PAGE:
When ACR handles a Linear DNG file, all of the tabs, sliders, and drop-down boxes still work, and do the sort of things expected of them. It is a digital image processor without any demosaicing to do, yet it is still useful. It can be used to set the white balance, correct for chromatic abberation, reduce noise, sharpen, apply a curve, etc. And that is true even if the "true" raw conversion was done before it was invoked, or was never needed because the image data didn't come from a digital camera, but perhaps started as a TIFF or a JPEG from some other source!
ACR and Lightroom are not the only examples. In principle, any product that can handle a Linear DNG file should be able to do the same. Some people believe that Silkypix is a good raw converter for Sigma/Foveon images. Convert them to DNG, and they think Silkypix then does the best job. But - a DNG from a Sigma/Foveon X3F is a Linear DNG! There never was a demosaicing task, because the Foveon sensor doesn't use a CFA. Any DNG converted from an X3F is a Linear DNG. So what is Silkypix doing? It is doing all sorts of image data processing, except for real "raw conversion"!
“ What evidence is there that there is a "best way to de-mosiac a file for a given camera"? ”
“ None. And never will be. Except maybe for "the best de-mosaic of the week". There are about 30+ different *good* demosaicing algorithms I know of. All of them are completely different, have different design goals and priorities. ”
Support for new demosaicing algorithms while using older products
Here is an example of using older versions of ACR and Photoshop while still gaining the benefits of the latest demosaicing algorithms available to Adobe.
Thomas Knoll, talking about ACR 4.1:
One of the changes when I added official Fuji S5 support was to update the S/R blending algorithms for the S5 sensor. (The unofficial support was just using the S3 algorithms for the S5, which is not ideal since chip is slightly different).
To use these new algorithms with Camera Raw versions 2.4 through 3.7, use the free DNG Converter 4.1 to make "Linear" DNG files (not the normal raw DNG files). These Linear DNG files will be larger, but will have the updated SR blending logic "burned" into them, so 2.4 through 3.7 will be able to process them correctly.
ACR 4.1 has lots of other improvement, but this is a way to properly process Fuji S5 files in ACR 3.7 and ACR 2.4 within the limits of the feature set of these ACR versions.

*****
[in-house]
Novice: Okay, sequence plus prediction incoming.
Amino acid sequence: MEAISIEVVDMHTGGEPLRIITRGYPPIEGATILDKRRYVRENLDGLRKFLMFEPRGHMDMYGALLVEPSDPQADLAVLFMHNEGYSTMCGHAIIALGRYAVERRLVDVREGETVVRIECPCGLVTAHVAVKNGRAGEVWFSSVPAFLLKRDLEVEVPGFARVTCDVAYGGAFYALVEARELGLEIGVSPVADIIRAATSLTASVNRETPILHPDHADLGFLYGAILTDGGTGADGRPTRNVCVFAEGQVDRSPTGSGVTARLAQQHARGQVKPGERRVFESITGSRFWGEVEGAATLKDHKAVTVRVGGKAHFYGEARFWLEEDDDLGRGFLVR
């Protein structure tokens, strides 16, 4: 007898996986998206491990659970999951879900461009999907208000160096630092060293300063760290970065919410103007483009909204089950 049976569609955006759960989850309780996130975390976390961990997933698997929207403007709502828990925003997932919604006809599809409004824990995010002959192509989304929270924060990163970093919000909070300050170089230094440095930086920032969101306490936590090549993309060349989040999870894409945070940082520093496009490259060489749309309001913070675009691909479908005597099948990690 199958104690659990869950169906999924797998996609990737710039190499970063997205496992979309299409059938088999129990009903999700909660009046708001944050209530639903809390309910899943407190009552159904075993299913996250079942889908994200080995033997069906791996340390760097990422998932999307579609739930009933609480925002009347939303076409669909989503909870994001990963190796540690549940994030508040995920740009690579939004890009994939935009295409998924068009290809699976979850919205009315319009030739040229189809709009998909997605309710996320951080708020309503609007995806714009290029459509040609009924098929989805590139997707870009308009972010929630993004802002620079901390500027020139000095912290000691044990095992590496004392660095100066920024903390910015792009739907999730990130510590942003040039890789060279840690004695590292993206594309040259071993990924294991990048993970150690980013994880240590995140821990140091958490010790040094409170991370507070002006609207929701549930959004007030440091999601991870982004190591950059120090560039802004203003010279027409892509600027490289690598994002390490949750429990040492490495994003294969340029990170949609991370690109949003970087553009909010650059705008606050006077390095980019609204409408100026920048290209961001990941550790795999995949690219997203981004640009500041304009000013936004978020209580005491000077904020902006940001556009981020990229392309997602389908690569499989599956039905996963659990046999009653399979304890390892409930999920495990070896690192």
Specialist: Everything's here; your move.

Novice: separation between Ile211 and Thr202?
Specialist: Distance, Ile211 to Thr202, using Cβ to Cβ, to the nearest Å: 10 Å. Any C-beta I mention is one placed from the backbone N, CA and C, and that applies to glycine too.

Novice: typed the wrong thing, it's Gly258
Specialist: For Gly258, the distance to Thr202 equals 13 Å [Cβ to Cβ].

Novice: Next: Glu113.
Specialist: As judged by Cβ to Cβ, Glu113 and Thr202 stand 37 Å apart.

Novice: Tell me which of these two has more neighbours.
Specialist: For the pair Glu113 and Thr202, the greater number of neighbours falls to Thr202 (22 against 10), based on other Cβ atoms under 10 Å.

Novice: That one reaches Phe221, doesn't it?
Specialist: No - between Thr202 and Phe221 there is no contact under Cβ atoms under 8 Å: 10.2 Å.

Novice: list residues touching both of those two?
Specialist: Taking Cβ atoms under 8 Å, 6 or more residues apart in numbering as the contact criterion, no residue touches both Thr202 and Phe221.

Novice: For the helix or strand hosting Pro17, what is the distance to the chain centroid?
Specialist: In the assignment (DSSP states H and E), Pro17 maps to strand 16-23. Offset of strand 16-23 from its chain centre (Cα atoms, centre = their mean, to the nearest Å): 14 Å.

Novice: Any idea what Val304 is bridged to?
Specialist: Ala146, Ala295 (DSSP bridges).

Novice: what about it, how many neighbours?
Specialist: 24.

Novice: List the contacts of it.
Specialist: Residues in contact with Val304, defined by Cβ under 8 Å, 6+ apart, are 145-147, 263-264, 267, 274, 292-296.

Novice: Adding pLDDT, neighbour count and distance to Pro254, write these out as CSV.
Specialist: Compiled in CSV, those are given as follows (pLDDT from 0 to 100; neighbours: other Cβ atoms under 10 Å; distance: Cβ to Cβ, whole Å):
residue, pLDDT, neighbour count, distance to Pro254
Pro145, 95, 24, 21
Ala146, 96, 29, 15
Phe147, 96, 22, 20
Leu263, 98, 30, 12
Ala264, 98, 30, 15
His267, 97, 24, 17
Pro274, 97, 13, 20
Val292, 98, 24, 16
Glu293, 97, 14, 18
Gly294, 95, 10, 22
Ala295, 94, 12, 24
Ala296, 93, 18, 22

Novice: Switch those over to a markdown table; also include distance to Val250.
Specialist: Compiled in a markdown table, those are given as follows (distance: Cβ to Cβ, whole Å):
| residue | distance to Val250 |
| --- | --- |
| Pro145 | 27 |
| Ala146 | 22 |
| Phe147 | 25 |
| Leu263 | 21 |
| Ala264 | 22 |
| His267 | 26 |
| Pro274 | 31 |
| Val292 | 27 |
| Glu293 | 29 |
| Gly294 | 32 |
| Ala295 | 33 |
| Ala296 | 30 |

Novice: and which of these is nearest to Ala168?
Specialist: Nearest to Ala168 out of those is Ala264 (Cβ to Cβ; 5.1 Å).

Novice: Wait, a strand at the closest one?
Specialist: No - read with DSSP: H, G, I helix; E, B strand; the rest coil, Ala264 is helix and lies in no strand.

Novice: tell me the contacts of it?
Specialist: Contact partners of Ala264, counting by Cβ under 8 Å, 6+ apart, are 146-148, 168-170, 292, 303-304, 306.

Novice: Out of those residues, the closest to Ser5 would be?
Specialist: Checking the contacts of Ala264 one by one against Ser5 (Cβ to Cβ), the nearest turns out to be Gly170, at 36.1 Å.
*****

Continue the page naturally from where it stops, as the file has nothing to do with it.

The down side
If an image starts as a raw image from a digital camera, to become Linear DNG it must be "converted", typically "demosaiced". This may be done in Adobe's DNG Converter, or elsewhere, such as DxO. But once this conversion has been done, it is committed - whatever product processes the Linear DNG can't exploit its own, potentially unique, conversion(s).
This precludes conversion by more suitable algorithms, in other products, now or in the future. It makes sense to delay this conversion as long as possible. (And typically Raw DNG files are smaller than Linear DNG files).
Comparison with NEF and Nikon Capture NX
There appear to be more similarities than differences between DNG and NEF, and between Lightroom (etc) and Nikon Capture NX. The NEF/Nikon world, and the DNG/everything-else world, appear to be following similar paths.
"You can output your images as TIFF, JPEG, or NEF files. The TIFF and JPEG files will be fully rendered; that is, Capture NX will apply all of your edits. However, when you next open the image, you won't be able to access any of your previous edits. To save your image with its edit list intact, you must save it as a NEF file".
"If you're like me, you probably thought that NEF was merely Nikon's format for its Raw files, but the spec is actually much more versatile than that. NEF files can include Raw data or regular TIFF-like data. In addition, Nikon can put its edit list (a small XML file) directly into the NEF format".
This is not saying that the user interface and the editing style are the same. NX clearly has some innovative editing methods. What this is saying is that the concept of having a powerful image processor, able to provide similar features on a whole range of source material, not just raw, and able to hold the results in a comprehensive file format, is similar. "Demosaicing" is becoming a less-significant, and sometimes even optional, part of the task.
Products that support Linear DNG
These tables identify some products known to support Linear DNG in some way. I don't have personal experience of all of these products. Please tell me of any errors or omissions, so that I can correct them.
|Photoshop CS + ACR 2.4||In||This ACR reads Linear DNG. (So did ACR 2.3, but that is obsolete).|
|Bridge 1.0 + ACR 3.x||In Out||This ACR reads and (optionally) writes Linear DNG.|
|Bridge 2.0 (beta) + ACR 4.0 (beta)||In Out||This ACR reads and (optionally) writes Linear DNG. It can also create Linear DNG from images that originate as (8-bit or 16-bit) TIFF or JPEG.|
|Photoshop Elements + ACR 3.x||In Out||This ACR reads and (optionally) writes Linear DNG.|
|DNG Converter||In Out||All versions read and (optionally) write Linear DNG.|
|DNG SDK||In Out||Provides code to read and write all variants of DNG.|
|Lightroom (beta)||In Out||Lightroom reads and (optionally) writes Linear DNG. It can also create Linear DNG from images that originate as (8-bit or 16-bit) TIFF or JPEG or PSD.|
These are simply examples. With more 200 products supporting DNG in some way, no-one knows all the products that support Linear DNG.
dcraw and derivatives not only read more than 200 native raw formats, but also read DNG files, both Raw DNG and Linear DNG.
|DxO Optics Pro||Out||Since version 2.2, DxO has supported Linear DNG as an output file format.|
|IrfanView||In||IrfanView reads Linear DNG, perhaps because dcraw supports it.|
|Light Crafts - LightZone||In||
LightZone reads Linear DNG.
|MediaChance - PhotoBrush||In||I discovered by accident that this supports Linear DNG.|
|ProFotoSoftware - PFS Batch Processor Pro||In||This provides raw conversion and image adjustments. It reads Linear DNG.|
|RAW Virtuoso||In||RAW Virtuoso reads Linear DNG.|